October 11 – Zwingli: The Warrior of the Reformation


At the same time as Luther was stirring the pot in Germany, another young man was coming to very similar conclusions independently! His name was Ulrich Zwingli, and he was an avid reader of Erasmus. Reading Erasmus convinced him that he was not to look to the Virgin Mary or the saints for salvation, but even so, it took time for the truth of the Gospel to sink in. While he was studying to be a priest, he succumbed to temptation and got his girlfriend pregnant. It almost prevented him from getting the job as priest in the city of Zurich, but his only serious competitor had six children himself!

(c) The University of Edinburgh Fine Art Collection; Supplied by The Public Catalogue Foundation

Zwingli was a fine preacher and exegete, but a turning point came in 1519 when he contracted the plague and his brother Andrew died. The experience impressed upon him the idea that he had been spared to preach the gospel. He quickly became a very moving preacher and came to the same conclusions about justification by faith as Luther. He was accused of being a Lutheran and said, “I preach just as Paul writes. Why not call me Pauline?” He renounced the papacy, but Rome spared him for a time as she relied on a steady supply of Swiss mercenaries for her wars. He also privately married a widow called Anna Reinhart; the marriage was not made public for two years.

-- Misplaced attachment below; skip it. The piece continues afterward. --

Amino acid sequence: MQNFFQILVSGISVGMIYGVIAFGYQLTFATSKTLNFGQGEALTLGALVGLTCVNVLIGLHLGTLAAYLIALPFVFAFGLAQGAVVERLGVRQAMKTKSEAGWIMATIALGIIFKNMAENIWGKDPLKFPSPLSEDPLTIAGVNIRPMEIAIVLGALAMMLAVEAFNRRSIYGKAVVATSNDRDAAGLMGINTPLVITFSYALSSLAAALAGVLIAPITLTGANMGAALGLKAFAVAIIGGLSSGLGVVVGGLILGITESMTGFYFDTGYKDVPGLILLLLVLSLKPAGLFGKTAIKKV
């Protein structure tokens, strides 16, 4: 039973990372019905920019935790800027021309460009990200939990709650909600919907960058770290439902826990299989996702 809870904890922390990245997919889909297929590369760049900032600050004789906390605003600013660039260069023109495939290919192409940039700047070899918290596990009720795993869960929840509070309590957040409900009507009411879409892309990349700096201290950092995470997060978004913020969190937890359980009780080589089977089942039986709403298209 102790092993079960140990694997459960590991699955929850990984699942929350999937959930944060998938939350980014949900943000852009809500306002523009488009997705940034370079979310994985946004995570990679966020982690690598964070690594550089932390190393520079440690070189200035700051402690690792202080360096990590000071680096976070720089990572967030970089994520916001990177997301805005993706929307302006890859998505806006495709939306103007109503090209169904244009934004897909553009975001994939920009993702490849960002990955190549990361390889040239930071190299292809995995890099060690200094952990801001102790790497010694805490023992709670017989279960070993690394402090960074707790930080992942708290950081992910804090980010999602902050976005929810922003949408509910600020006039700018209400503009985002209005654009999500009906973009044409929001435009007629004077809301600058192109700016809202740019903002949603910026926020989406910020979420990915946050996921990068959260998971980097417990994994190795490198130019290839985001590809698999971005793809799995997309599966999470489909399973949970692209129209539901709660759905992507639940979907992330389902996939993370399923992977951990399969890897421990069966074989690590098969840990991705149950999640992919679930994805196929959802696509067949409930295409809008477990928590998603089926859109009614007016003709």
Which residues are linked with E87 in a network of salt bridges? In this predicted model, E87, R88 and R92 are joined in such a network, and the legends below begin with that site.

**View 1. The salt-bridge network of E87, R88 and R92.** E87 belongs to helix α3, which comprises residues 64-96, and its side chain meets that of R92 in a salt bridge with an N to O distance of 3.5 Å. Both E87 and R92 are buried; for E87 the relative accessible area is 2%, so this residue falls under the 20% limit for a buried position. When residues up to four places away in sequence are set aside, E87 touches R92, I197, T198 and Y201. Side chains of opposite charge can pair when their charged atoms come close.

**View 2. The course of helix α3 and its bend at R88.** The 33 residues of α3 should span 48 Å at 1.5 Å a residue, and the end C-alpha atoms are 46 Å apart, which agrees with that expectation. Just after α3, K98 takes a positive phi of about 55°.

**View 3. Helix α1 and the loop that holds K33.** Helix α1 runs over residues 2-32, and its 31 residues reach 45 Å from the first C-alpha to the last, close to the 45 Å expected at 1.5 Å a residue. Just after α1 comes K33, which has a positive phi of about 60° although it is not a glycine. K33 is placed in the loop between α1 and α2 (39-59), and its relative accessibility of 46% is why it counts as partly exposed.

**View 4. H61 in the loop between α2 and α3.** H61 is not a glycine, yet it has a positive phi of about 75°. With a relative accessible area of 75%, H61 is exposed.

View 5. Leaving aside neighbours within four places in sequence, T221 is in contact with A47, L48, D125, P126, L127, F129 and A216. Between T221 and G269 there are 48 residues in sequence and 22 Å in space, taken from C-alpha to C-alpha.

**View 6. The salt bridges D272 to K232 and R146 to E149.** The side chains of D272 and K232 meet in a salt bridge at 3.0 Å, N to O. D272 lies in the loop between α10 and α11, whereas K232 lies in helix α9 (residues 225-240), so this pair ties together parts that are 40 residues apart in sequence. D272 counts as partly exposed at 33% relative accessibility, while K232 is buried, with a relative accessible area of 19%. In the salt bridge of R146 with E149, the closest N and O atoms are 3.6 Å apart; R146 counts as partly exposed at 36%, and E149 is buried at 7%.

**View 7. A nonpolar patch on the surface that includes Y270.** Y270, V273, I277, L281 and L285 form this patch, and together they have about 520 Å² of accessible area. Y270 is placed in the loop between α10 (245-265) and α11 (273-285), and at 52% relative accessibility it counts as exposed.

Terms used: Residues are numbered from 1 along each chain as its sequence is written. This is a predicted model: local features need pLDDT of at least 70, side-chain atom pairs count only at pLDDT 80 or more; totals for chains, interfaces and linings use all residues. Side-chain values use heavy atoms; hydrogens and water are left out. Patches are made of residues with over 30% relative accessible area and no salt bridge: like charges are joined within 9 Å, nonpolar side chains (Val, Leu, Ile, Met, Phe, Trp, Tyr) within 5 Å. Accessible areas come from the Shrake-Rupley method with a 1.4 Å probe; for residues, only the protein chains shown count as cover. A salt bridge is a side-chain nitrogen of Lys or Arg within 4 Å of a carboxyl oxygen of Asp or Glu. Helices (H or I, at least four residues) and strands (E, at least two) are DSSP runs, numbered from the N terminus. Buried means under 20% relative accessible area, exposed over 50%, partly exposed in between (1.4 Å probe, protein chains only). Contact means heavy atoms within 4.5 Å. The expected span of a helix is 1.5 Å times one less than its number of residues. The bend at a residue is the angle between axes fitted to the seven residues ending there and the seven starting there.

Zwingli, unlike Luther, wanted all aspects of worship to be grounded in Scripture, and as a result, all the ornaments of the church were instantly removed, services were switched to vernacular, and Zwingli started giving wine and bread to the laity (though only four times a year). Oddly enough, Zwingli was a talented musician who was mocked by Catholics as “the guitar player” or “the evangelist-on-the-flute,” but songs and hymns were excluded from his services: even Psalms were merely read aloud antiphonally (men read one half of the verse, and women the other half).

Zwingli also dealt with some of the first Anabaptists. It came about that several parents refused to bring their children to be baptized, which led to a civic crisis, since baptism was essentially a form of citizenship. Zwingli kept his head and got the city council to allow for a public debate on the issue. Zwingli and his friend Bullinger debated the Anabaptists for two days, at the end of which the council affirmed Zwingli’s position and banished anyone who refused to bring their children.

When a bunch of radicals chose to baptize one another “for real” on the basis of a profession of faith, they were arrested for treason (religion was seen as the bulwark of the state and so it was essentially like creating a private state). Zwingli kindly tried to reason with the radicals, but to no avail. He wrote a treatise called Baptism, Rebaptism, and Infant Baptism. In it, he not only coined the term Anabaptist, but he also was the first (to my knowledge) to draw the connection between baptism and circumcision, arguing that both were not magical rituals, but signs and seals of the covenant. Covenant theology was born.

Charles V, Holy Roman Emperor